"Thank you for being honest, V," he said as he let go of her, but his arm stayed on her shoulders a while longer. "I like you, I like your honesty. I think we can be friends."

She nodded. The cheesecake was good though, so she picked up her fork again and finished it.

"There was a boy in high school who was the basketball star of the varsity. I heard he's gone professional." She told Richard over coffee.

"He was your boyfriend?" he asked, his eyes teasing her.

"Almost, but not quite."

"Why almost? What's his name?"

"Jason. Apart from him asking me to watch him play, nothing ever came out of it. I wasn't really the most attractive girl in high school."

"High school is always different. But, believe me, you are a very attractive girl."

"But I'm not your type either, huh?" she said, her face blushing.

"Well, I haven't gone out with anyone as short as you. But I like you very much. I'd like to go on another date, if you would agree."

She gave him a look of shock. "You mean this is a date?!"

They both laughed and gave each other a high five.

A week later, a large bouquet of beautiful red and white roses arrived at her desk. She dialed Richard's number and told him she's allergic to flowers, did he mind if she gave it to the girls in the office? The next day, he sent her a big box of imported chocolates. She never dated Richard again nor seen him again in person, but every Christmas time, for the next seven years, he would send her gift baskets. There was always the same message: "To the unforgettable girl with the most beautifully scented hair. Love, Richard, your hairy admirer".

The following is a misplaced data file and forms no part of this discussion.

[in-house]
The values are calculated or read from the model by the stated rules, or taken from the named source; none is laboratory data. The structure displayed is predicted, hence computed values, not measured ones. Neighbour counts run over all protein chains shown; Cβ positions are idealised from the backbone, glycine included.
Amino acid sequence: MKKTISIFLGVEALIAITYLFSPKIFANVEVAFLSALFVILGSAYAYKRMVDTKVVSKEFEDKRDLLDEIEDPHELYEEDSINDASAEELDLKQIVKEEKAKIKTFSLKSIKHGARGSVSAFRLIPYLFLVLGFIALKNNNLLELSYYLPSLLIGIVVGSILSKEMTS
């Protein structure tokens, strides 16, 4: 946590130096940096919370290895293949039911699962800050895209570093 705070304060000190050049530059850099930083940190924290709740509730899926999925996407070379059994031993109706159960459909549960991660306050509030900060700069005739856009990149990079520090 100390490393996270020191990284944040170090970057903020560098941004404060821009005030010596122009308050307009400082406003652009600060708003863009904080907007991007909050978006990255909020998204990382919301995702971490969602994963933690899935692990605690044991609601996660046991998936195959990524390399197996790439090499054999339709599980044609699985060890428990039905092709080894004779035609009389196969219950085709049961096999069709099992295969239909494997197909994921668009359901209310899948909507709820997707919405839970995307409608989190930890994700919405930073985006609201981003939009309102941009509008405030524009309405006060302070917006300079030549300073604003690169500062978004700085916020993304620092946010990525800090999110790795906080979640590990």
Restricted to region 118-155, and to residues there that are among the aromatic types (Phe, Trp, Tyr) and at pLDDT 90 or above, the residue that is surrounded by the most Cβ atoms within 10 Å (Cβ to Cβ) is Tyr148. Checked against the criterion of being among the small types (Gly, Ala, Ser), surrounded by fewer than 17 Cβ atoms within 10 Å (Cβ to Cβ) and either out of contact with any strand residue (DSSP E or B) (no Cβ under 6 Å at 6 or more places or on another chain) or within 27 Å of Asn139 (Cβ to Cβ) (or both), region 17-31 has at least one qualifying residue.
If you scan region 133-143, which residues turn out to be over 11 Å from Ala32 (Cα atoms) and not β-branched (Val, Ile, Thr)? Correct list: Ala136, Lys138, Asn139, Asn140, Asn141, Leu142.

Tuesday, February 15, 2011

Veronica's point of view

I saw Jason at the school today, but he didn't see me.

I'm in college now, and he's in his last year in high school. He belongs there. He probably has forgotten about me by now. Boys move on quite easily. They forget easily. I am thankful for the memories I have of him, no matter how brief, no matter how flitting. I can't dwell on what was not there for too long, although I wish I had been bolder, that there have been more to remember.

Secretarial school is such a bore. Why can't these people learn how to type fast? But I'm thinking, if the school hires me right now, then I'd get to see Jason everyday. I can watch him play, and maybe we can re-start where we left off. But maybe it's not such a good idea to have a boyfriend who is in high school. I'd look like a cradle snatcher, although he's only a year younger than me, and that's not really a big gap.

I think the right thing to do is forget about him.

Sunday, February 13, 2011

DWP: the flight attendant

In Lufthansa's business class, he hovers around me,
hands a blanket while topping up my lemonade.
Then he slips a little card, with his phone number in it;
I look at his handsome face and I'm thinking "AIDS"?